On Friday, the Fair Work Commission increased the national minimum wage by 3.5 per cent, from $18.29 per hour, or $694.90 per week, to a new rate of $18.93 per hour or $719.20 per week.
Those working a 38-hour week will take home an extra $24.30. The increase, which takes effect on 1 July, is about double that argued by the Australian Industry Group, and about half the amount that the Australian Council of Trade Unions wanted. It will result in a pay increase for about two million Australian workers.
So what does this increase mean for those on the Age Pension, given that the twice-yearly indexation of the pension is benchmarked to wages?
At first glance, an increase in wages looks like a good thing for Australian pensioners. Currently the Age Pension, Disability Support Pension, Service Pension and Carer Payment are indexed twice a year, in March and September.
Indexation is based on two factors: price increases and male weekly earnings. Payment rates are indexed to the rise in Consumer Price Index (CPI) or the Pensioner and Beneficiary Living Cost Index (PBLCI), whichever is greater.
The CPI measures changes in the prices of a fixed ‘basket’ of goods and services and is used to preserve the real value of pensions. The PBLCI measures the effect of price changes to out-of-pocket living expenses where the main source of income is a government payment. This index is intended to check whether disposable incomes have kept pace with price changes.
After indexation is applied, the payment rate is then benchmarked against a percentage of the Male Total Average Weekly Earnings (MTAWE). The single rate of pension equals 27.7 per cent of the MTAWE and the couple combined rate is equal to 41.76 per cent.
If, once initial indexation is applied the rate is less than the benchmark of the MTAWE, the payment rate will be lifted to equal the agreed percentage. The benchmarking of pensions to the MTAWE is to ensure pensioners maintain a certain standard of living, relative to the rest of the population.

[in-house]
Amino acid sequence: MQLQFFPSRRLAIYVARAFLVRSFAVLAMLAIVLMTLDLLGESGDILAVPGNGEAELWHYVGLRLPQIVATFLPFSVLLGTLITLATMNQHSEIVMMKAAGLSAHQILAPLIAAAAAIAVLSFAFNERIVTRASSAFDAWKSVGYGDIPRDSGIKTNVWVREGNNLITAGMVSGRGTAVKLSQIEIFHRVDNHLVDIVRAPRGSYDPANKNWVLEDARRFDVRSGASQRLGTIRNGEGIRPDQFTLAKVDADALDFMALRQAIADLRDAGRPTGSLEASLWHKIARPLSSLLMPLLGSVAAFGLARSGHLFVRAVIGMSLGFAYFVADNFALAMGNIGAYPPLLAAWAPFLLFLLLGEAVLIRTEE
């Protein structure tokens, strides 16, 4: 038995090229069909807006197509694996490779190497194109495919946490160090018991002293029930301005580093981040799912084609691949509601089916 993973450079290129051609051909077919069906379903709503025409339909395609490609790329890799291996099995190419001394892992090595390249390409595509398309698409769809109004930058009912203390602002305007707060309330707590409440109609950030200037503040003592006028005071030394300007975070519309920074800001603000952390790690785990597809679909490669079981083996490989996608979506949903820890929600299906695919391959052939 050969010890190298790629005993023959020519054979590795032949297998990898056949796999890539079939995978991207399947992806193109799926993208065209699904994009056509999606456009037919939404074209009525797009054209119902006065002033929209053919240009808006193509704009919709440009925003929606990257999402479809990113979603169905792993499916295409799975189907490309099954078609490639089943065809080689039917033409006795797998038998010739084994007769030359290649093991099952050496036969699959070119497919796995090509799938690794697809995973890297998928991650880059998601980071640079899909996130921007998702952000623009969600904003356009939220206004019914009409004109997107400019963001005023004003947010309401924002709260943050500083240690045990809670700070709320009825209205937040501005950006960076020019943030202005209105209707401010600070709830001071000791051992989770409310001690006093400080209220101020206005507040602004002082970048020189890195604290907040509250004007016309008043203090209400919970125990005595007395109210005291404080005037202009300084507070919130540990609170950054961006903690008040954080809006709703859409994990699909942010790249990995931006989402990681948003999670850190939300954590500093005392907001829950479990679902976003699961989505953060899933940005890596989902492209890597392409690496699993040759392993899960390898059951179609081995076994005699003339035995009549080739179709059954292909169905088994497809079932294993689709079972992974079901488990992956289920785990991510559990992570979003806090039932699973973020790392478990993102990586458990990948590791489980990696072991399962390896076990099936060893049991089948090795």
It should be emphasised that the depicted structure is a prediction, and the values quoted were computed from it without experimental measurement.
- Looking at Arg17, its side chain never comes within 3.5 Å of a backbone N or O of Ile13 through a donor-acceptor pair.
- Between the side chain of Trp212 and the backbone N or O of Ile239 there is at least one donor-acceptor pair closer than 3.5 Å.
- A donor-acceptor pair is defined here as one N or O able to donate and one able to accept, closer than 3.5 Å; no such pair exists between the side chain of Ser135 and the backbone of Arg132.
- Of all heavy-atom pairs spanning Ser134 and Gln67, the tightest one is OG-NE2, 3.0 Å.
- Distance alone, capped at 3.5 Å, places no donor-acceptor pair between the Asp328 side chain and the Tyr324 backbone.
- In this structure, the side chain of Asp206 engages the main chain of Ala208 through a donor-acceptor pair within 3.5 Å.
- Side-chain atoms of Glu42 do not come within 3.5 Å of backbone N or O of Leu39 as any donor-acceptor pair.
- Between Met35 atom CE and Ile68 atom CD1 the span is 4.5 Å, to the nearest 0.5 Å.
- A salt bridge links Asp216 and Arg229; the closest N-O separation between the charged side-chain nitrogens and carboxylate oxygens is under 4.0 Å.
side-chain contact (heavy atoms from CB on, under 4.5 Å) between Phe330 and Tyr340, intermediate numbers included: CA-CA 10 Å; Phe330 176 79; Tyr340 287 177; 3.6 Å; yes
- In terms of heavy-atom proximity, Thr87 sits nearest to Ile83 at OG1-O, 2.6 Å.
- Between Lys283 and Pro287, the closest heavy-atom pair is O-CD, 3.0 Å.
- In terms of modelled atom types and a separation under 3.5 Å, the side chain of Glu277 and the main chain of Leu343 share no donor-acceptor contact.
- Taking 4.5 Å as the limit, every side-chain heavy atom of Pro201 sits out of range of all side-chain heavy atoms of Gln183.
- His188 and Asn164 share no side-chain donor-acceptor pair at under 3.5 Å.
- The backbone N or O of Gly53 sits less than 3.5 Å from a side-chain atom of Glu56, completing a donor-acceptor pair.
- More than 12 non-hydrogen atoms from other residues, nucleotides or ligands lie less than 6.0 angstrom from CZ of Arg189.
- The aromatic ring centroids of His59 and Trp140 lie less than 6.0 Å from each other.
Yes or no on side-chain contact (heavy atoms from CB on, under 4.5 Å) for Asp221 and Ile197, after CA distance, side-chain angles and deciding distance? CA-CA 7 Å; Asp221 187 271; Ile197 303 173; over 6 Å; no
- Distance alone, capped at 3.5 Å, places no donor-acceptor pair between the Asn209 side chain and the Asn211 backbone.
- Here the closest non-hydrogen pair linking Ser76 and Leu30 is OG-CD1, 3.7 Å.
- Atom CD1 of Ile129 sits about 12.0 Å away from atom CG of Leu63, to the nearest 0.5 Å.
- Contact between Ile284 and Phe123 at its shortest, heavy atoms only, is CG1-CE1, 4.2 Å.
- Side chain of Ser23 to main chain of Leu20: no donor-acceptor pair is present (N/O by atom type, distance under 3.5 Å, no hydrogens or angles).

So a rise in wages will automatically flow through to pensions?
Well only marginally, it seems. Firstly, the increase only applies to those on a minimum wage – less than 20 per cent of the workforce.
And according to economist Matt Grudnoff from The Australia Institute, this increase is only slightly more than last year’s increase of 3.3 per cent, and this had little impact on wages across the board, which only rose 1.9 per cent over the year.
So the indexation of the Age Pension in September is unlikely to be positively affected by a hike in wages any time soon.
The most recent indexation on March 20 this year lead to a fortnightly increase in the base rate of $12.20 for singles and $9.20 for couples. With fuel, power and medical expenses rising at much higher rates, a dignified life on a full Age Pension remains a challenge.
What do you think? Are you still working and if so, will this mean an increase in your take-home pay? Or are you on the Age Pension and hoping there will be a higher increase in September?